Title image: “U.S. documentary photographer Susan Meiselas captured the most famous images of the 1979 Sandinista Revolution. For her 2004 project “Reframing History,” she installed murals of the photographs at the exact locations they were originally taken: http://www.susanmeiselas.com/latin-america/2006-present/#id=intro.”
Further Readings (and one film):
Belli, Gioconda. “How Daniel Ortega Became a Tyrant.” Foreign Affairs, August 24, 2018.
Carrión, Gloria, director. Heiress of the Wind. Journeyman Pictures, 2018.
Close, Martí I Puig, and McConnell, eds. The Sandinistas and Nicaragua since 1979. Lynne Rienner, 2011.
Francis, Hilary, ed. A Nicaraguan Exceptionalism? Debating the Legacy of the Sandinista Revolution. University of London Press, 2020.
Ramírez, Sergio. “Algo nuevo va a nacer.” Revista ágrafos, no.9, August 2020.
Proceedings from Nicaragua 1979-2019: The Sandinista Revolution After Forty Years, Brown University, May 2-4, 2019. https://watson.brown.edu/events/2019/conference- nicaragua-1979-2019-sandinista-revolution-after-40-years
Selser, Gabriela. Banderas y harapos: Relatos de la revolución en Nicaragua. Editorial Anama, 2016.
 “Lamenta Cardenal traición a la Revolución de Nicaragua en sus 90 años,” Jornada, January 19, 2015.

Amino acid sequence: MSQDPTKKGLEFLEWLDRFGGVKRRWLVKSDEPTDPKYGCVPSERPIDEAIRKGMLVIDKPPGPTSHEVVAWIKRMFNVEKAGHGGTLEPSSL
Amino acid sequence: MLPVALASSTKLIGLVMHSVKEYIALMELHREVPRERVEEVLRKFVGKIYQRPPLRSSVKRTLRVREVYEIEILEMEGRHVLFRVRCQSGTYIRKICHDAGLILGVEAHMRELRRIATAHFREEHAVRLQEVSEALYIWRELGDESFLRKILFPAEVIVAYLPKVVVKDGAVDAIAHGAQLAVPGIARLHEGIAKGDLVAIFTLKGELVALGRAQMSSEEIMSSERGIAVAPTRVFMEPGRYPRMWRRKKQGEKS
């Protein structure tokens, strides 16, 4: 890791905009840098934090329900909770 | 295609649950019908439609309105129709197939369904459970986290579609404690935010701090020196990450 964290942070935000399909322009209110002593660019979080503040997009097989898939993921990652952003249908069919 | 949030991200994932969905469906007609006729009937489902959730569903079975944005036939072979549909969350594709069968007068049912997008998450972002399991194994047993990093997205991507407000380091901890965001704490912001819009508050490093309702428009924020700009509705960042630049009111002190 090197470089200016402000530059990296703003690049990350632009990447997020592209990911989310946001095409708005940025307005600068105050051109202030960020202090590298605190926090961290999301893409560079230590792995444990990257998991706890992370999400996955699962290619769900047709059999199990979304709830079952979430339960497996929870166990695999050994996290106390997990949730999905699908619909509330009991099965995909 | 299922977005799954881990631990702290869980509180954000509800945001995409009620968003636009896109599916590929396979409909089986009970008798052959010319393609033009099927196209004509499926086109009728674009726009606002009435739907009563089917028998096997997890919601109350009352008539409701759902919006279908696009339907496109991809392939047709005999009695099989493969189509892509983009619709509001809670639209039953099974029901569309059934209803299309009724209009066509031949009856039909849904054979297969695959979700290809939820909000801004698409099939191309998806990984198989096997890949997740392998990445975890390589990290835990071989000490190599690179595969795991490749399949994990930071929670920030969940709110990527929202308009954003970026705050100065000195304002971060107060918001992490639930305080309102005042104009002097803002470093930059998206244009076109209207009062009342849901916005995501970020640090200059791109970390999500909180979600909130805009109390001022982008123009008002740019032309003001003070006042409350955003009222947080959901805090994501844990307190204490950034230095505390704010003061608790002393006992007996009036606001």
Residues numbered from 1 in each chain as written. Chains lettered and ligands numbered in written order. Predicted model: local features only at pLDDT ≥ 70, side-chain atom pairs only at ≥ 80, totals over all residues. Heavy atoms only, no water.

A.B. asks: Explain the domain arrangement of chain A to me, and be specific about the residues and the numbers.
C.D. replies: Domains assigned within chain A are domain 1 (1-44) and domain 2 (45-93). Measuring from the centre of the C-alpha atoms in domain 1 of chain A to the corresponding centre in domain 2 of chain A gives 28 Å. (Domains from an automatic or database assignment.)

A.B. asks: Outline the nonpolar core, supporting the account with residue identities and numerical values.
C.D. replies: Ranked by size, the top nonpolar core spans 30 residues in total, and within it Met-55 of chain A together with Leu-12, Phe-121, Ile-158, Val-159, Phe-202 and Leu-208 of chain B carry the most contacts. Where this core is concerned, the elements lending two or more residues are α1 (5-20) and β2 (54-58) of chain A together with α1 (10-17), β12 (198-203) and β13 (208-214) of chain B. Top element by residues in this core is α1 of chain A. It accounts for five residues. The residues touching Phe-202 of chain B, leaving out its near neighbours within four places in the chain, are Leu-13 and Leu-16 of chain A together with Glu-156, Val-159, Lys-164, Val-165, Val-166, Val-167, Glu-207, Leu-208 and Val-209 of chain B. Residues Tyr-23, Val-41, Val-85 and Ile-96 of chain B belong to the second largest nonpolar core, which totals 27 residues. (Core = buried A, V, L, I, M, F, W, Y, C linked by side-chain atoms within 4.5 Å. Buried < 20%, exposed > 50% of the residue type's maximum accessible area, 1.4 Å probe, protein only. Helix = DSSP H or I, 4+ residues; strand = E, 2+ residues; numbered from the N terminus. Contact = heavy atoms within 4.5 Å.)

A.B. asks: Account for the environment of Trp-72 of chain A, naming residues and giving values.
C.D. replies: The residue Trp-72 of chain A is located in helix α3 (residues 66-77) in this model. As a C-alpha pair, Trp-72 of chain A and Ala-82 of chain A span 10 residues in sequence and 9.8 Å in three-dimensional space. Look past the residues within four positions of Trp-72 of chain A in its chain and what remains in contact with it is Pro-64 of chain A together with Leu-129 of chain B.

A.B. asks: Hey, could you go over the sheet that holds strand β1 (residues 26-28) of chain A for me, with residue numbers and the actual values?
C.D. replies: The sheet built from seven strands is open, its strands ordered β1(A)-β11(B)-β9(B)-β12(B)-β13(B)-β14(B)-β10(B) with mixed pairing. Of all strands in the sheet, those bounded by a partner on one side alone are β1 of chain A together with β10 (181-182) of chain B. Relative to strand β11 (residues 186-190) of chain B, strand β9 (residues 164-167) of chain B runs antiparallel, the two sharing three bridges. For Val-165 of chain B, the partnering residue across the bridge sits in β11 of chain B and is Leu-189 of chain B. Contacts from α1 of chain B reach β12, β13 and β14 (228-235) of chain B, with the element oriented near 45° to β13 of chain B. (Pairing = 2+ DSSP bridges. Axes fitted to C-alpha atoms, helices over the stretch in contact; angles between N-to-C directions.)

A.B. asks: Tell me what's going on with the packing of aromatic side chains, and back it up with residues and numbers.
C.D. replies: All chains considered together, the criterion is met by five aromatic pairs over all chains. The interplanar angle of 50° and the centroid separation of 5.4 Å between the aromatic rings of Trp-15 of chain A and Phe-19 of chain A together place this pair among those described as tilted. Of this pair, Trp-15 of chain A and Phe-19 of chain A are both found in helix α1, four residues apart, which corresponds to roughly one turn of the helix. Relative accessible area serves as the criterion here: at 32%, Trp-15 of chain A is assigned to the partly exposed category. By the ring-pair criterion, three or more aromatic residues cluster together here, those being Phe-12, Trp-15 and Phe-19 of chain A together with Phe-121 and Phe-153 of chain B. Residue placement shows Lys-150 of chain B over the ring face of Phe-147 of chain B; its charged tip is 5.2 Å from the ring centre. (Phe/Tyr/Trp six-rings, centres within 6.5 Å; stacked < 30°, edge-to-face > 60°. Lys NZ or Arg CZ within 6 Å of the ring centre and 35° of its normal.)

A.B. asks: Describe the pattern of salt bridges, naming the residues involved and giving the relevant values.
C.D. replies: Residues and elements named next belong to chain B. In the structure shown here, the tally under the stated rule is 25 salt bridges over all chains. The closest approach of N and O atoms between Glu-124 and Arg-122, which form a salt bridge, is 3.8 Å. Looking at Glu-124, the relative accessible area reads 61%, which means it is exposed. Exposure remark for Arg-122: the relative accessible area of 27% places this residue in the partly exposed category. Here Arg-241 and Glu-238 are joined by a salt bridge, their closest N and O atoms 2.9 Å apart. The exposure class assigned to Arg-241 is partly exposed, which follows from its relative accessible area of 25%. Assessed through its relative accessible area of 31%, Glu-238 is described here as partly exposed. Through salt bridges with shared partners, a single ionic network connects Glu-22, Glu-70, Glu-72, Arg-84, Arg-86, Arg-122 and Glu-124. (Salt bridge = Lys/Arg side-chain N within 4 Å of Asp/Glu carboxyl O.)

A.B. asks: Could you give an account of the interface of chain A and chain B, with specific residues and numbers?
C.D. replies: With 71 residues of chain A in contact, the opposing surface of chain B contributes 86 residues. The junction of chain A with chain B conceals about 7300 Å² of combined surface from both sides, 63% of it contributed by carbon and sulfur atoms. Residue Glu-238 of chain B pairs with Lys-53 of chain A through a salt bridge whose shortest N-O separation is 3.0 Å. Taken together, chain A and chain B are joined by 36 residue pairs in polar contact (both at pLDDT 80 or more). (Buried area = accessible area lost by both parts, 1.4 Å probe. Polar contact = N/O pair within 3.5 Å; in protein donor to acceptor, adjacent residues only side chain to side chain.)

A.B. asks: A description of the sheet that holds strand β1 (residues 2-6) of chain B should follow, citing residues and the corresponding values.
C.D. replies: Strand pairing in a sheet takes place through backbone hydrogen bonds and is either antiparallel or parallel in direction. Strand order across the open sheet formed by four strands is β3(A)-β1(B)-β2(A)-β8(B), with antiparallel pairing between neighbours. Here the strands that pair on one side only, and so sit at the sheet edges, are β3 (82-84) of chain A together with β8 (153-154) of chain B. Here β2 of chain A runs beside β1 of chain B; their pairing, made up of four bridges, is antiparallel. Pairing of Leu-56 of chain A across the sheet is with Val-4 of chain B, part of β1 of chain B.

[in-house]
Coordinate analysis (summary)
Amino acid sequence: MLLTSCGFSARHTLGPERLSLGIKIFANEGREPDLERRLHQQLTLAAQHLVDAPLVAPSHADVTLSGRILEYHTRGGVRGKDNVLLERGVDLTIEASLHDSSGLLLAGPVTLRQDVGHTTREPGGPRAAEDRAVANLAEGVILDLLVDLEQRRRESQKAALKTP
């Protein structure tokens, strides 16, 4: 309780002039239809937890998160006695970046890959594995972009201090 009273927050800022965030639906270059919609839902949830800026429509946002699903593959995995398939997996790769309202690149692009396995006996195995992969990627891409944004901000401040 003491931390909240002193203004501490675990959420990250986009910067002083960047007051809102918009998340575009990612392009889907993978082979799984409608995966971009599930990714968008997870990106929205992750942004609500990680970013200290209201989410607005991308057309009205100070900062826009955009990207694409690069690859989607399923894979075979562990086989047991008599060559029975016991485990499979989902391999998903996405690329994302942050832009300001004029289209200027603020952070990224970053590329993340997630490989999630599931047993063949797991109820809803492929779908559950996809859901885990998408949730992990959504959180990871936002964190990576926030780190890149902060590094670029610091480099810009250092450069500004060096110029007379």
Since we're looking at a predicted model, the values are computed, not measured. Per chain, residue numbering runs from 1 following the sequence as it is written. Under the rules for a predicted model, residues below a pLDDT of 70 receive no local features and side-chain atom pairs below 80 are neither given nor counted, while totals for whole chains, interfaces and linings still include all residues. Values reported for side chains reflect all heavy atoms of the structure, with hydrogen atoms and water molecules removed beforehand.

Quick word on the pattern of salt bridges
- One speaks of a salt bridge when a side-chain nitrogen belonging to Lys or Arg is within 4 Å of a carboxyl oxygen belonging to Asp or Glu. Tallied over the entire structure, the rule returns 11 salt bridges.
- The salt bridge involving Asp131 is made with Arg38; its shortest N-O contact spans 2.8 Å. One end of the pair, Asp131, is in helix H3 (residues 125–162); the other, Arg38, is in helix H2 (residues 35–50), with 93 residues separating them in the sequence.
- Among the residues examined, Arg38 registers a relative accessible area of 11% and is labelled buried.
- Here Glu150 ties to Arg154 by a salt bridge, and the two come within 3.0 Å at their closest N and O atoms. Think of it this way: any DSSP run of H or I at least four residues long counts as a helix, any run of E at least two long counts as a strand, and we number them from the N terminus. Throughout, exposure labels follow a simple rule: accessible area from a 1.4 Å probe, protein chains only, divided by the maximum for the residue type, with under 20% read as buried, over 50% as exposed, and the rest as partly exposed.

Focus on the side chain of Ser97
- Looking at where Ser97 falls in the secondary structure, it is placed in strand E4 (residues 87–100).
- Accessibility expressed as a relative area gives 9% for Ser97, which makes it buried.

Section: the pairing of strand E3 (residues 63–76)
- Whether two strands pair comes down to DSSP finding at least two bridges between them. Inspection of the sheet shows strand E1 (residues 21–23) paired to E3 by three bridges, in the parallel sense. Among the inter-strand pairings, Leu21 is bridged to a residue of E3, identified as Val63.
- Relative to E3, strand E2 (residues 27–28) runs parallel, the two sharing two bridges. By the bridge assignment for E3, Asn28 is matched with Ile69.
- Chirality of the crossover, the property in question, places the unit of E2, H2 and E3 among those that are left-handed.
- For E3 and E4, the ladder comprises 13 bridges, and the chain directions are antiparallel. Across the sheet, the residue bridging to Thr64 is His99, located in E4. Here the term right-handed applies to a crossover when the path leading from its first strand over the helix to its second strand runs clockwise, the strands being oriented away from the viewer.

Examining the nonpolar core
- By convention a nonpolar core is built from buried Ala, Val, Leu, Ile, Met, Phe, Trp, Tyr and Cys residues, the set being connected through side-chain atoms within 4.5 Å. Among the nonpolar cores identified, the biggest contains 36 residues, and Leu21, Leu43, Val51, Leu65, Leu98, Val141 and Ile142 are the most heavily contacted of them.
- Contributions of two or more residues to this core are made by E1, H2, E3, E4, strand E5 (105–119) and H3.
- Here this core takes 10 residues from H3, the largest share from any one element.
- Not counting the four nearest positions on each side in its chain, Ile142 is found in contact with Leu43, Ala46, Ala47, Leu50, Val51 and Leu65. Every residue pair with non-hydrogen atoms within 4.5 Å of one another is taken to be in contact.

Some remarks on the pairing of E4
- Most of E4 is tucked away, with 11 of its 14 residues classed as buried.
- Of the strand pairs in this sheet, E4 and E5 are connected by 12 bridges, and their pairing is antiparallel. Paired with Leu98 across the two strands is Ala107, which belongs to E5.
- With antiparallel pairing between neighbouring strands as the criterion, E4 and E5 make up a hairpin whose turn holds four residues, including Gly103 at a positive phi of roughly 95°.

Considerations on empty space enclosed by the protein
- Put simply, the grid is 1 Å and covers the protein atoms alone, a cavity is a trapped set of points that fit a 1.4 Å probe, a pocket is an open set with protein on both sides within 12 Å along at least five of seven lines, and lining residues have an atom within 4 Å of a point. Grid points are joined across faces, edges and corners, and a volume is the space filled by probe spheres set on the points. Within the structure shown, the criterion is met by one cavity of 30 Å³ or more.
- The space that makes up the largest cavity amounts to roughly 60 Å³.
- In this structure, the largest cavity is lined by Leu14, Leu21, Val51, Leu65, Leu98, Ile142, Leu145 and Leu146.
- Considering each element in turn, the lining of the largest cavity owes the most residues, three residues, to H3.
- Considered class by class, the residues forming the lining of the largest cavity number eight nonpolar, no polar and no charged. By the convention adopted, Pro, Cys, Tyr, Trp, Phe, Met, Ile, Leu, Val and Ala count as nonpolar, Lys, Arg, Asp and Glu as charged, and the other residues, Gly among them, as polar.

Salvador Martí I Puig, “Nicaragua: Desdemocratización y caudillismo,” Revista de Ciencia Política, 36(1), 2016: 243.
 Belli, 2018. See suggested readings.
 “Report by independent experts affirms that government of President Ortega has committed crimes against humanity,” Amnesty International, December 21, 2018.
 UN Office of the High Commissioner for Human Rights, “Human Rights Violations and Abuses in the Context of Protests in Nicaragua,” July 5, 2018.
 “Simpatizantes de Ortega invaden el funeral del poeta Ernesto Cardenal para gritarle ‘traidor’,” El País, March 4, 2020.
 Mark Everingham, Revolution and the Multiclass Coalition in Nicaragua, (Pittsburgh: University of
Pittsburgh Press, 1996).
 For a longer survey, see my essay “A la sombra de la Revolución Sandinista: Nicaragua, 1979-2019” in Anhelos de un nuevo horizonte: Aportes hacia la construcción de una Nicaragua democrática, (San José, Costa Rica: FLACSO, 2020).
 Sergio Ramírez, Adiós Muchachos: A Memoir of the Sandinista Revolution, (Durham, NC: Duke University Press, 2011), 4.
 See proceedings from Nicaragua 1979-2019: The Sandinista Revolution After Forty Years, Brown University, May 2-4, 2019.
 For the most comprehensive analysis of U.S. policy and the debates it engendered, see William LeoGrande, Our Own Backyard: U.S. Policy in Central America, 1977-1922, (Chapel Hill: University of North Carolina Press, 1988).
 Irene Agudelo, Contramemorias: Discursos e imágenes sobre/desde la Contra, (Managua: IHNCA, 2017).
 Madeleine Caracas, “No somos los hijos de la revolución,” Confidencial, April 22, 2019.
 Victor Hugo Acuña, “La formación del Estado en Nicaragua y Costa Rica en perspectiva comparada: siglos XIX-XX,” Anuario de Estudios Centroamericanos, no. 44, 2018: 1-42.
 Jeffrey Gould, To Die in this Way: Nicaraguan Indians and the Myth of Mestizaje, (Durham, NC: Duke University Press, 1998).
 Juan Pablo Gómez, Autoridad/Cuerpo/Nación: Batallas culturales en Nicaragua, 1930-43, (Managua: IHNCA-UCA, 2015).
 José Luís Rocha, Autoconvocados y conectados: Los universitarios en la revuelta de abril en Nicaragua, (Managua: UCA, 2019).